All Right vs. Alright | Difference & Example Sentences
All right and alright are two spellings of the same term, an adjective, adverb, or interjection meaning the same thing as “okay.”
- All right (with a space) is the form usually used in published writing.
- Alright is a very common spelling in everyday communication, but it’s not always considered correct by dictionaries (though it is included in Merriam-Webster and the OED). It’s uncommon in published writing.
Table of contents
Uses of all right and alright
Both spellings of all right/alright are very common in day-to-day communication. They can both function as several different parts of speech with slight variations in meaning.
|Part of speech||Function||Example|
|Adjective||Used to indicate agreement, physical safety or health, and general (mild) approval.||I’d like to go to the mall after school if that’s all right/alright with you.
Are you all right/alright?
His artwork is all right/alright, but it’s not my favorite.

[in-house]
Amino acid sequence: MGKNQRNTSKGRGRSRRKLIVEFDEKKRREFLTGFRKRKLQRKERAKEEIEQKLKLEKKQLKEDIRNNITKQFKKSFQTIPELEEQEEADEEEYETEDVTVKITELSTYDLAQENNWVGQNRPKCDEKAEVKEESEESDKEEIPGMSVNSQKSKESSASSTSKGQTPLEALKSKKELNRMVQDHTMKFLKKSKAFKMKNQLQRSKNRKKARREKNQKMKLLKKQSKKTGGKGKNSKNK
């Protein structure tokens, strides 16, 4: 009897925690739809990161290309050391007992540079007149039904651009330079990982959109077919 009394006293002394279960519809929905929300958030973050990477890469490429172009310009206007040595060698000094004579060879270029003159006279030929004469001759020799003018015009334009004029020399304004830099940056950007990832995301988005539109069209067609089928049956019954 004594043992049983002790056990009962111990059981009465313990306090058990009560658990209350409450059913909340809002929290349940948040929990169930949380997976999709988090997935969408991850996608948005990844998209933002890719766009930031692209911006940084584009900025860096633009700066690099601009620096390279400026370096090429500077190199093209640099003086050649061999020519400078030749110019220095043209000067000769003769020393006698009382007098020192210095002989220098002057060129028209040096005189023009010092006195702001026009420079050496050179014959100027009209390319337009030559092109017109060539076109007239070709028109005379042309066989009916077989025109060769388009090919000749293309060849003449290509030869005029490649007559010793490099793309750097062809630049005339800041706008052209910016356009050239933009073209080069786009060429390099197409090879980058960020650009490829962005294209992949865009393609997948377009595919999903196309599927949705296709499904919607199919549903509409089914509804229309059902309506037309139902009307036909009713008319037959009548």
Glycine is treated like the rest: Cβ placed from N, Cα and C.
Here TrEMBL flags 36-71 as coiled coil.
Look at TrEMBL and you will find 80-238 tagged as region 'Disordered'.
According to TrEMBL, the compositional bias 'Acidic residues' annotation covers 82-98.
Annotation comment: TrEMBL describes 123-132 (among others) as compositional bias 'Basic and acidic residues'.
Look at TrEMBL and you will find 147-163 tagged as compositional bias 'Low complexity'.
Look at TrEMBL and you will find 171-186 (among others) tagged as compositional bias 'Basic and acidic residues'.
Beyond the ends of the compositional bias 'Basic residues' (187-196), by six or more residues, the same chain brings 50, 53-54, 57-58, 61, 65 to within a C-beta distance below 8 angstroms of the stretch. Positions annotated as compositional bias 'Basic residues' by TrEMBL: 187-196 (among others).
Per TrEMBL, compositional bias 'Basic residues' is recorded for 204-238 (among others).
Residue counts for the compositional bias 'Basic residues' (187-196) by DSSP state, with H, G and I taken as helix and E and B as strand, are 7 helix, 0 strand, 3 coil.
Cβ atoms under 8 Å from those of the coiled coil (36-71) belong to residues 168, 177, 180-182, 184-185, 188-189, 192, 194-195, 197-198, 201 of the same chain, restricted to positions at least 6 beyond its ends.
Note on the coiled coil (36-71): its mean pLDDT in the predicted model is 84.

|Adverb||Used to mean “certainly” or “adequately”||That’s a tick bite all right/alright! You’d better get it checked out at the doctor.
I wasn’t very confident going into the exam, but I think it went all right/alright.
|Interjection||Used to indicate agreement or resignation, or to resume a discussion where it left off||Well, all right/alright, if you insist.
All right/alright, where were we?
Frequently asked questions
- Is “alright” a word?
Yes, alright is a very commonly used word, but it’s considered a mistake by some dictionaries and style guides. The more widely approved form is all right, with a space.
- What’s a synonym of “alright”/“all right”?
Some synonyms and near synonyms for the various senses of alright/all right are:
- Okay (or OK)
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